Schoolyard pedagogy illustrates the theories, methods, and practices of teaching that extend beyond the four walls of a classroom and capitalize on the teaching tools available in the surrounding schoolyard. In this article, we describe the schoolyard pedagogy framework, which includes intense pedagogical experiences, opportunities and frequent access, and continuous support. We then provide an overview of how we are intentionally working toward developing schoolyard pedagogy in elementary preservice teachers at two universities. This includes providing collaborative experiences in the university schoolyard and nearby schools, individual experiences in nature, opportunities to see the possibilities in local schoolyards, and lesson planning that utilizes the schoolyard. We also discuss potential barriers and catalysts for schoolyard pedagogy during the induction years, future needs, and potential for continuous support.

Using Critical Case Studies to Cultivate Inservice Teachers’ Critical Science Consciousness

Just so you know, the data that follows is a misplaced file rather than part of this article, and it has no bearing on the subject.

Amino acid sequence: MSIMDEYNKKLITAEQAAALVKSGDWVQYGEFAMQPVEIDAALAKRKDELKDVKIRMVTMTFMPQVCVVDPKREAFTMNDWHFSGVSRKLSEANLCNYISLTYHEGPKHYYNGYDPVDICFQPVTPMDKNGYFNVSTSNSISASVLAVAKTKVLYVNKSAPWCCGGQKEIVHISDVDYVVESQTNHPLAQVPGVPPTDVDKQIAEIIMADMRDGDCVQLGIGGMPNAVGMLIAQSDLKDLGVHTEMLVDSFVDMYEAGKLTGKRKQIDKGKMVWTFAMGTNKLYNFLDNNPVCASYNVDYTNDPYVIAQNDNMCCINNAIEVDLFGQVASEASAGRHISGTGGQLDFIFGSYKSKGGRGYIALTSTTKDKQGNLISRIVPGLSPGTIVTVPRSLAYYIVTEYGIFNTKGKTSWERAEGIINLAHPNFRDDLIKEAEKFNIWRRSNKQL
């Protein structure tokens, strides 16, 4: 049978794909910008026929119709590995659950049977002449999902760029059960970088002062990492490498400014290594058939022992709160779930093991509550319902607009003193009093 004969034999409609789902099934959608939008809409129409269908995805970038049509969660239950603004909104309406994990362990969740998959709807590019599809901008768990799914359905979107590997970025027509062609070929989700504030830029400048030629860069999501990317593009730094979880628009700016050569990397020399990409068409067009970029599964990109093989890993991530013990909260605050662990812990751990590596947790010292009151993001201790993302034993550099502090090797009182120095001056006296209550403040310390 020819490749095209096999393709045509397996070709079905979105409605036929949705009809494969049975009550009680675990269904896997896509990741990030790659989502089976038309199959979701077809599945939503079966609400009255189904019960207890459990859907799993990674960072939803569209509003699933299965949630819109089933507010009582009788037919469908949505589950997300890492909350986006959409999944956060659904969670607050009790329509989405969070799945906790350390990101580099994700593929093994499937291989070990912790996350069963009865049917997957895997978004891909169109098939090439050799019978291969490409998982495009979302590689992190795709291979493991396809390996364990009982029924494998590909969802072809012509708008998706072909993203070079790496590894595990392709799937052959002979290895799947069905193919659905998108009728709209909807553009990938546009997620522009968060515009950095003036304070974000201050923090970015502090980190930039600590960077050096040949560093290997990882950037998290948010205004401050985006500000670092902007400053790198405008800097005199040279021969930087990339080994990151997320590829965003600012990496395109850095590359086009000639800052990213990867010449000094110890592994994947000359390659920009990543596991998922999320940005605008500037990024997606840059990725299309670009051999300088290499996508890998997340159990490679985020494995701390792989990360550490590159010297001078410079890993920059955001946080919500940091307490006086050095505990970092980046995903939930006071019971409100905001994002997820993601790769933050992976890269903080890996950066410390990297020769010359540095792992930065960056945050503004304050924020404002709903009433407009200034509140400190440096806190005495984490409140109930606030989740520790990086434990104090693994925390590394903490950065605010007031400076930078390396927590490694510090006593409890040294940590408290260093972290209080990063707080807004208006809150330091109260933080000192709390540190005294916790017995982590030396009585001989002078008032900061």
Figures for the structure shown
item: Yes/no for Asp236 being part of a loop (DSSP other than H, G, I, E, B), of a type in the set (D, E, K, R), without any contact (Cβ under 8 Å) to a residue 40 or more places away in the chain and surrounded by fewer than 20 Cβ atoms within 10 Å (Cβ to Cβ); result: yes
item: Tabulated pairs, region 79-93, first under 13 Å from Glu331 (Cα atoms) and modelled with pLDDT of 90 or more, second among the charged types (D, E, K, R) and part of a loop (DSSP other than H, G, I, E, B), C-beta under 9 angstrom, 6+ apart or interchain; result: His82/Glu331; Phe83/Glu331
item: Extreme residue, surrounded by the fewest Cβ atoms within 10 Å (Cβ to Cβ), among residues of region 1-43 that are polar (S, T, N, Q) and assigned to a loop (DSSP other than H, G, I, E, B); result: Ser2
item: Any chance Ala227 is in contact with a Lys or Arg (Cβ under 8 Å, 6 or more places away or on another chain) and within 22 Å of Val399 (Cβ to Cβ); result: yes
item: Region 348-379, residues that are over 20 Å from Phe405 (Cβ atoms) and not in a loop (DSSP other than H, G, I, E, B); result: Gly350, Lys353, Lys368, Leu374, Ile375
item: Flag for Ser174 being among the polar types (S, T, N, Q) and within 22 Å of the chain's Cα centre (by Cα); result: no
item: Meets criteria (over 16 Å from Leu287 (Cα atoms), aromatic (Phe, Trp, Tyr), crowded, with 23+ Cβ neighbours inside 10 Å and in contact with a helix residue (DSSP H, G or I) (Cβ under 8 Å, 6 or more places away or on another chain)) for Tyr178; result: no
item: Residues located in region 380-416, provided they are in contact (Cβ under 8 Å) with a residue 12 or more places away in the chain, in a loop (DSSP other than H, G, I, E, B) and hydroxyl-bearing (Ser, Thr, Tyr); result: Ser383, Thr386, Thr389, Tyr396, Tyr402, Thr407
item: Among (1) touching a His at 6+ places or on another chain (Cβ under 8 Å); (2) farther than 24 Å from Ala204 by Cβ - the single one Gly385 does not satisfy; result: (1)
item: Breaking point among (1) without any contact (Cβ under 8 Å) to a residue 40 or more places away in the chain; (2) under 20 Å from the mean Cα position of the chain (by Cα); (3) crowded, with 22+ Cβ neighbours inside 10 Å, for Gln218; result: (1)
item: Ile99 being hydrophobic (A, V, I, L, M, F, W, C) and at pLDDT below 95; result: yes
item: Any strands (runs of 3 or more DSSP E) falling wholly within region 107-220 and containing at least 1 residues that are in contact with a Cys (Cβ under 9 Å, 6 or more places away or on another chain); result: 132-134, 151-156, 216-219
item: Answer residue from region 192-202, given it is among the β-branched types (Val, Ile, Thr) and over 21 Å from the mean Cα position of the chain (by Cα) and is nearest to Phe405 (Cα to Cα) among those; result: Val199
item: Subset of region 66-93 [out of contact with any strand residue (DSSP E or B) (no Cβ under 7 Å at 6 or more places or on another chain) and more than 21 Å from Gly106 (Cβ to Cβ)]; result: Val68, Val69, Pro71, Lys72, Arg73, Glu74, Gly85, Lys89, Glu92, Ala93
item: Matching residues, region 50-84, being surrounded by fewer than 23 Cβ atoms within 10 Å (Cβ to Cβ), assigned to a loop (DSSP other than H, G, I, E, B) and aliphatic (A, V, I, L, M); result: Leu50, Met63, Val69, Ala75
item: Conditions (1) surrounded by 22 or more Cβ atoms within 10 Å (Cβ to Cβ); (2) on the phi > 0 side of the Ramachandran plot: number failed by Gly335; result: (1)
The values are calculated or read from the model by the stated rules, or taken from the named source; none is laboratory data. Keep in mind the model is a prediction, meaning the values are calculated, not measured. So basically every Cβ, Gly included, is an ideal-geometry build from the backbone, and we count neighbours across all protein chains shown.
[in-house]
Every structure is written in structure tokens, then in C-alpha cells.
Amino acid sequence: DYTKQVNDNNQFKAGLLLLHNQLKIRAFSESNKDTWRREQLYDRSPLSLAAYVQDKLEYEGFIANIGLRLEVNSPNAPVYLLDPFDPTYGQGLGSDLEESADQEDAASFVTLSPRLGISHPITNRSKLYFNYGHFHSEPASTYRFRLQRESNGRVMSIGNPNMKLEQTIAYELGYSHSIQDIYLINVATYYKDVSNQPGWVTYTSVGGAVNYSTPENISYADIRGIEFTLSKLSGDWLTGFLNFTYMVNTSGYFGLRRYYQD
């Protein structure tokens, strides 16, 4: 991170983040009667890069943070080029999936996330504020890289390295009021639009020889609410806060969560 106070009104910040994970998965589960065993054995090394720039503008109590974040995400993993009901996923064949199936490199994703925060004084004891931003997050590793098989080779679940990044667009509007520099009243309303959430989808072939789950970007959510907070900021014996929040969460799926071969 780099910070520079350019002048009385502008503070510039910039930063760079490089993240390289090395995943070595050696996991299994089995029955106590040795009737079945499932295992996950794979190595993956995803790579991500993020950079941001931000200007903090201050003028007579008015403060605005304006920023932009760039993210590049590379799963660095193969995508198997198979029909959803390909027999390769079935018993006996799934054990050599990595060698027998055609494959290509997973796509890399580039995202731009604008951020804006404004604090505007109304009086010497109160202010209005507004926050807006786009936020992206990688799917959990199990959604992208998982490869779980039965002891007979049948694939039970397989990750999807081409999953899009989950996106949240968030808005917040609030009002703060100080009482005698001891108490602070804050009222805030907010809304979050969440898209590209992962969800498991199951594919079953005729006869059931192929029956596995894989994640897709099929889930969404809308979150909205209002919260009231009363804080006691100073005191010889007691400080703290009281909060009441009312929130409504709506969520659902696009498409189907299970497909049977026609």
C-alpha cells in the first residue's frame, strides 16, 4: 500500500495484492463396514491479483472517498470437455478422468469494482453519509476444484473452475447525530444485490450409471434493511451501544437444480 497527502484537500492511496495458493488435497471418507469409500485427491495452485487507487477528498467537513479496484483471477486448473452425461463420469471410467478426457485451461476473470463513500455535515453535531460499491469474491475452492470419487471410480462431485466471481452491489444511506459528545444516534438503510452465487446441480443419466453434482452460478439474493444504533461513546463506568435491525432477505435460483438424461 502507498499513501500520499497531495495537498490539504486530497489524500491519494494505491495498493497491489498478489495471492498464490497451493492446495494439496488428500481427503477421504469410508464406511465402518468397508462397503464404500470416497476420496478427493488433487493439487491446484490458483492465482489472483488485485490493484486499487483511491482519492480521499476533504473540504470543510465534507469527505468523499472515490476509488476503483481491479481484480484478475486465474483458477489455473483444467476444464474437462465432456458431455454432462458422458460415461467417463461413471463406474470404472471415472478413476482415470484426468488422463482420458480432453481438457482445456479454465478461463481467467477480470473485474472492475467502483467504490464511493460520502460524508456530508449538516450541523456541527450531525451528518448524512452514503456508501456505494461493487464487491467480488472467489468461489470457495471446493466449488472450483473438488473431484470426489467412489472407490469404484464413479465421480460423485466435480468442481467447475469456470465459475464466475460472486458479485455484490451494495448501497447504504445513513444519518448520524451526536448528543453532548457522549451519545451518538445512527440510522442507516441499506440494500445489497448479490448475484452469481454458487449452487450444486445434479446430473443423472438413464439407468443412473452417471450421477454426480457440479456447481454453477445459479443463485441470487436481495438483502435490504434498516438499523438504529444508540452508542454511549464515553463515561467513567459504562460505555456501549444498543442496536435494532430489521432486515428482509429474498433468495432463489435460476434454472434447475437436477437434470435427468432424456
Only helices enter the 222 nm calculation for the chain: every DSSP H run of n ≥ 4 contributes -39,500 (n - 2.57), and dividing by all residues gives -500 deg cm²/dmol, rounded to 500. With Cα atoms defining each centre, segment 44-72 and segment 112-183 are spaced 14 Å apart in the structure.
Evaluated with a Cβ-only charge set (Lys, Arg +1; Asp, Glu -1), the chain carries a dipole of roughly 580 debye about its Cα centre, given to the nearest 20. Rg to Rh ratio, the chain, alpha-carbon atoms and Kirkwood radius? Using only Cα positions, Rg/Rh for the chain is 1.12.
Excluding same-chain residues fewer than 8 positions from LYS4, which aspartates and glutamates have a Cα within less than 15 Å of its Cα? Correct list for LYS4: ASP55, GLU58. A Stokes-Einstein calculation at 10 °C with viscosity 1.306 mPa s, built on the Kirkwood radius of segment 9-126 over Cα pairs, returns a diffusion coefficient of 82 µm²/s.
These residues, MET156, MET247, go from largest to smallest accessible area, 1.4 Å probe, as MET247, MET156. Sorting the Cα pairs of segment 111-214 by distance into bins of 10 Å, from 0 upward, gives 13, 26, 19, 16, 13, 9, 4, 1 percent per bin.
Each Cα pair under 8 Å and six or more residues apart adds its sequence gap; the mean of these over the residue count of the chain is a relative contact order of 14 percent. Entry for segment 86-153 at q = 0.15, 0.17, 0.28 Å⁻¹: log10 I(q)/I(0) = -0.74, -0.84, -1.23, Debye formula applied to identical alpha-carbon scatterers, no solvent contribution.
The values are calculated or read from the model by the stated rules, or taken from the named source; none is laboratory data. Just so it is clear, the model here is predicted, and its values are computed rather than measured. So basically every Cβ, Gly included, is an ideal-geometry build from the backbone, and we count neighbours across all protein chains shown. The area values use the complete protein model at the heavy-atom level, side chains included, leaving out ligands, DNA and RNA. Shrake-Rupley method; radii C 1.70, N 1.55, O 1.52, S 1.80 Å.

by Lenora M. Crabtree, University of North Carolina Charlotte; & Michelle Stephan, University of North Carolina Charlotte
Abstract

Culturally relevant and responsive science instruction includes support of students’ socio-political, or critical, consciousness. A lack of experience with marginalization, and limited attention to critical perspectives in science content and methods courses, however, may leave educators ill-equipped to address intersections of diversity, equity, and science instruction. Curriculum is needed that supports critical consciousness development among science teachers and their students. We describe an innovation, a critical inquiry case study, designed to address this essential facet of culturally relevant pedagogy. Design research methodology guided our development of an interrupted, historical case study employed as part of a four-day professional development workshop for secondary science teachers. In addition to provoking critical awareness and agency, the case study was designed to highlight ways that science itself may create or perpetuate inequities, or serve as a tool for liberation, a content-specific construct we call critical science consciousness. Implementation of the critical case study and participating teachers’ interactions with case materials are described. In addition, we highlight learning goals developed to support critical science consciousness and provide insights into ways teachers exhibited growth in each area. Teachers report heightened understanding of the role science plays in perpetuating inequities, transformations in ways they think about systemic inequities that impact students and families, and growing awareness of the possibilities inherent in teaching science for liberation.